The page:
The diagram opposite shows a typical longwall panel with a single row of rectangular chain pillars. Chain pillars can be either square, rectangular or in some case diamond in shape. They can also be in a single or double row configuration. In Australia a single line of rectangular chain pillars is the most common.
The intersections of gateroads and cut throughs are areas which require increased roof support beacuse of the large areas of exposed roof as well as increased roof stresses at these locations. An increased frequency of intersections along a gateroad will increase the possibilty of strata control difficulties.
Chain pillars carry minimal additional loading until the extraction of the adjacent longwall panels. The strata load from above the extracted longwall panel is transferred from the longwall panel to the adjacent chain pillar(s), this is shown in the diagram below. Once the second adjacent longwall panel has been extracted, the chain pillars are subjected to extremely high strata loads. In most situations the pillars will collapse after the second longwall panel has been extracted. This reduces the irregularity of subsidence at the surface.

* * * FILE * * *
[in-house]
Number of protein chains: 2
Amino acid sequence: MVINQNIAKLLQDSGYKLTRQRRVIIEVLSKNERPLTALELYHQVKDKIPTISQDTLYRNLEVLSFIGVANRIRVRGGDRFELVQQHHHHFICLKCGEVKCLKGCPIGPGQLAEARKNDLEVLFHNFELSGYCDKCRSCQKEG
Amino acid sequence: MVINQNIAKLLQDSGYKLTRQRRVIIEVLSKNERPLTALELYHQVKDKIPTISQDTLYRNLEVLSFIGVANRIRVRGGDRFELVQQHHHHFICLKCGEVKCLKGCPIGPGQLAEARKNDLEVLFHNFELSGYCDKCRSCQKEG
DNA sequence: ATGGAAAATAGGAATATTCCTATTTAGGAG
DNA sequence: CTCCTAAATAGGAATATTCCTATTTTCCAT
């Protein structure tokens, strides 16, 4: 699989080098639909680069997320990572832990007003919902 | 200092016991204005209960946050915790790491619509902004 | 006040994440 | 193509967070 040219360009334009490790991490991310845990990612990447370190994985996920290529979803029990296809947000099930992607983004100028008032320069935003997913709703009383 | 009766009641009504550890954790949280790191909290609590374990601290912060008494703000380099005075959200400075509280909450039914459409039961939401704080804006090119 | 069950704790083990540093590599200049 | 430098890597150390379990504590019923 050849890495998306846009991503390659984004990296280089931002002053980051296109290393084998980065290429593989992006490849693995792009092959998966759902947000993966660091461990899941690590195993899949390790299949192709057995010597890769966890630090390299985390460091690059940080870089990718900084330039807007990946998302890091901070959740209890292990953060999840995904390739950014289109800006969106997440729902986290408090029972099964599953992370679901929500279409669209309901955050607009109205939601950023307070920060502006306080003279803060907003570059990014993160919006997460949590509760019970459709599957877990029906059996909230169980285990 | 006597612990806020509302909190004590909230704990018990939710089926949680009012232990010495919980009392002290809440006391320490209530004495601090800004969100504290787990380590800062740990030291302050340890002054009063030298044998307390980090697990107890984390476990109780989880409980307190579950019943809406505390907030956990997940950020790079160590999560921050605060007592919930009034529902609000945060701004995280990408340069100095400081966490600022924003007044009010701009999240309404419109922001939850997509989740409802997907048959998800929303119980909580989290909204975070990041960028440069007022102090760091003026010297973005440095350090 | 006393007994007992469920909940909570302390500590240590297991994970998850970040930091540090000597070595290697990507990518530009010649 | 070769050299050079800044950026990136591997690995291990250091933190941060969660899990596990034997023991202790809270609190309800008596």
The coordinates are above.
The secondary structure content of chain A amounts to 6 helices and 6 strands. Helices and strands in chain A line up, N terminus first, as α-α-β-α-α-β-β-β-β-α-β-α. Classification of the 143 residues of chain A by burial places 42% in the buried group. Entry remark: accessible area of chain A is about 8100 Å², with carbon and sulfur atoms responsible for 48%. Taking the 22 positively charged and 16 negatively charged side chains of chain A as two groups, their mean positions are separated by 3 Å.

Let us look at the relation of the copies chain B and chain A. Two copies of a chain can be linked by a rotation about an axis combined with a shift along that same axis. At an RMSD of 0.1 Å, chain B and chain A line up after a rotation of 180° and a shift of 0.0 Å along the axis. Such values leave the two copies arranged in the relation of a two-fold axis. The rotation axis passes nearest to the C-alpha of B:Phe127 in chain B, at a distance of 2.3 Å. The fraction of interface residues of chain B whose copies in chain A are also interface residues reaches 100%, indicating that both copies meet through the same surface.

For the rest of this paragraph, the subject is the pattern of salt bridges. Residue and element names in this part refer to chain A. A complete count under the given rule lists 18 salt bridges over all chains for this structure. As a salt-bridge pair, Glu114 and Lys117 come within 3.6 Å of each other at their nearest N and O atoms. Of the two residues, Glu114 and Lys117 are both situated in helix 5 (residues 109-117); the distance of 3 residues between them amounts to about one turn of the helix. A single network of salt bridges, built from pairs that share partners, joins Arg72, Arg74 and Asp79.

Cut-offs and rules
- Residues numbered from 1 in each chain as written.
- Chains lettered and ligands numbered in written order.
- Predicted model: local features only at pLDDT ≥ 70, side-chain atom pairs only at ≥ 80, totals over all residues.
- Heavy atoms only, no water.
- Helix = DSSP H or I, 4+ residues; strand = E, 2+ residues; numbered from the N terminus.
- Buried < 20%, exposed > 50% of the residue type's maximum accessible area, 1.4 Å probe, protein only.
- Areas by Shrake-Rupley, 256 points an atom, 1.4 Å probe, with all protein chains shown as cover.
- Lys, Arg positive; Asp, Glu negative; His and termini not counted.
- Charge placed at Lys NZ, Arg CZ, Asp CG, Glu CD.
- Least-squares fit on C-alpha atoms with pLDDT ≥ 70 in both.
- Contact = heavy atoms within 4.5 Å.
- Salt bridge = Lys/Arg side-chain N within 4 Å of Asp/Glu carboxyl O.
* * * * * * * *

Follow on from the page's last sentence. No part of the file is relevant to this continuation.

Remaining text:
The strength of a square or rectangular pillar can be determined from the following formula:
p = pillar width (m)
m = pillar height (m)
NB: For Australian conditions a coefficient of 7.4 is used in place of 7.2
The load that is transferred onto a pillar is calculated by a simple emperical formula, the equation varies depending on the type of pillars and subsidence method being used:
- Single Line of square chain pillars
- Double line of square chain pillars
- Single line of rectangular chain pillars
- Double line of rectangular chain pillars
For rectangular chain pillars, if the width of one side of the pillar is greater than twice the width of the other side then the effective width method must be employed to calculate the strength of the pillar.